In the end, I heard the entire concert, from the harp-lead, graceful Prelude to the operatic, thundering One-Winged Angel, a fan favorite encore that had the entire crowd brimming with a nerdy energy that was thick and tangible in the air. I attended the Q&A session and the meet and greet after. Composer Nobuo Uematsu and conductor Arnie Roth already knew of me and my desperate journey to get to Houston, as our magazine editor, Jessica, had told them about my devotion to Distant Worlds earlier during rehearsal. She even got them to sign a magazine for me wishing me happy birthday.
I was delirious with contented bliss and general weariness from moving since 7:15 am when I went to bed that night, my headphones on with my newly purchased and signed CD cradled lovingly to my chest. Aerith’s Theme lulled me into much needed sleep as I reflected on how I never imagined I would make that night work. But I did, and it was the best night any geek girl could ever ask for.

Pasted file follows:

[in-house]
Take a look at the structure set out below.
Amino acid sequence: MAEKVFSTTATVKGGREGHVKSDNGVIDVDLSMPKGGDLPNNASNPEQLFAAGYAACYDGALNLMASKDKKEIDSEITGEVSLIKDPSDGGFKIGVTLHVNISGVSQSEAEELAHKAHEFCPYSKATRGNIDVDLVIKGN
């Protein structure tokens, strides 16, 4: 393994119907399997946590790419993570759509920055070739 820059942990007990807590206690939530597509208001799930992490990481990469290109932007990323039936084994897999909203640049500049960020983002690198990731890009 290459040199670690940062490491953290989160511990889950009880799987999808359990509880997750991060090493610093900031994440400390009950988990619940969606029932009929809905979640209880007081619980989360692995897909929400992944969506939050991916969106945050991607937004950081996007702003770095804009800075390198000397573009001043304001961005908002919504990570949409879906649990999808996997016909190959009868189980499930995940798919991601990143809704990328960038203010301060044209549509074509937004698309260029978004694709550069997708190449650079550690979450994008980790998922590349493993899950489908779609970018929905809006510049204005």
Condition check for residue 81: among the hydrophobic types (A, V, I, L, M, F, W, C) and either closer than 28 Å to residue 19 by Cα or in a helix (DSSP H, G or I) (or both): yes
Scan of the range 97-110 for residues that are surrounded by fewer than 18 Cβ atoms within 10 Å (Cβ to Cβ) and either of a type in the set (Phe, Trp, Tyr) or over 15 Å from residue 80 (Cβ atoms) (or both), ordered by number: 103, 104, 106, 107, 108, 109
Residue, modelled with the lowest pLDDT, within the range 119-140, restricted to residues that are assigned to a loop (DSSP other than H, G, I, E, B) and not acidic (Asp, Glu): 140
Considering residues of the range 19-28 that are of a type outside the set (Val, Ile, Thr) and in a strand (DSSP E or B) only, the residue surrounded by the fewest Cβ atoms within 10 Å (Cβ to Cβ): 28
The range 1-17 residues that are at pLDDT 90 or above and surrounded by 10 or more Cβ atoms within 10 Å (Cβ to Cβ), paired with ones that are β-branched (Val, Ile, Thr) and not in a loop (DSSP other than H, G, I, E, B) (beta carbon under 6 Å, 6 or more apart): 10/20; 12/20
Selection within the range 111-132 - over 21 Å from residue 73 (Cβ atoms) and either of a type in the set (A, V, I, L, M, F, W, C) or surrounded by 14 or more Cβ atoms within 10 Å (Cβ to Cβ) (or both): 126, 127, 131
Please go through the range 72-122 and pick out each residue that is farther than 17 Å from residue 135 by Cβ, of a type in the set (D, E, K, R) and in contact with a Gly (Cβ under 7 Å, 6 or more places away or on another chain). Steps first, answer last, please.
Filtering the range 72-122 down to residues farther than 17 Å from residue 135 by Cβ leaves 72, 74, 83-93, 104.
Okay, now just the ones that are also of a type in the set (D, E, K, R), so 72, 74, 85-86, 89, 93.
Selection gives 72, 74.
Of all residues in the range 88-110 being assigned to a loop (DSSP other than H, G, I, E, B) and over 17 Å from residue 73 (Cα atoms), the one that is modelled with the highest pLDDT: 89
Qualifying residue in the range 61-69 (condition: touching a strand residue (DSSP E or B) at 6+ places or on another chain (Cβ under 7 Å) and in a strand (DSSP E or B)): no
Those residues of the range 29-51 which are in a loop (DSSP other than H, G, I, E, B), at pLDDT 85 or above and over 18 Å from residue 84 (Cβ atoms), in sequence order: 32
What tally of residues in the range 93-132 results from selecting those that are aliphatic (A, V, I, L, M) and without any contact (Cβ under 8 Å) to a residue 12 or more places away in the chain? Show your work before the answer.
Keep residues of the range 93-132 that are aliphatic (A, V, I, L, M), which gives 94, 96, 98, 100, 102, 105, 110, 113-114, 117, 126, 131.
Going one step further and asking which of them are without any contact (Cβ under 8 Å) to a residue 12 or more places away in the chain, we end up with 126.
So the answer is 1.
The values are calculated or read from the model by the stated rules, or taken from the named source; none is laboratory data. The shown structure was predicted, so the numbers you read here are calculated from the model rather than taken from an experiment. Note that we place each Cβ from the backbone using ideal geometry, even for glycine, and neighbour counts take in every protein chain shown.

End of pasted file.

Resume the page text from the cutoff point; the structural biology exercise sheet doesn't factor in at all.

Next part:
Thanks to everyone who participated in our first ever Oh Snap! Summer Symphony Nights photo contest! You guys took some awesome pictures during our concert series at Miller Outdoor Theatre in June and for the Fourth of July, making it hard for us to pick just one. The winner of each category will receive a pair of vouchers to use at one of our 2010-2011 season concerts! And now, it’s time to announce the lucky winners — drumroll, please…
Best Performance Shot
Photo by Aaron Kovach
Best Family/Friends Shot
Photo by Serdar Dogan, from his family album
Best Fireworks Shot
Photo © Bethany Quillin
Best Venue Shot
Photo by Adam T. Baker
Best Audience Shot
Photo by oncke1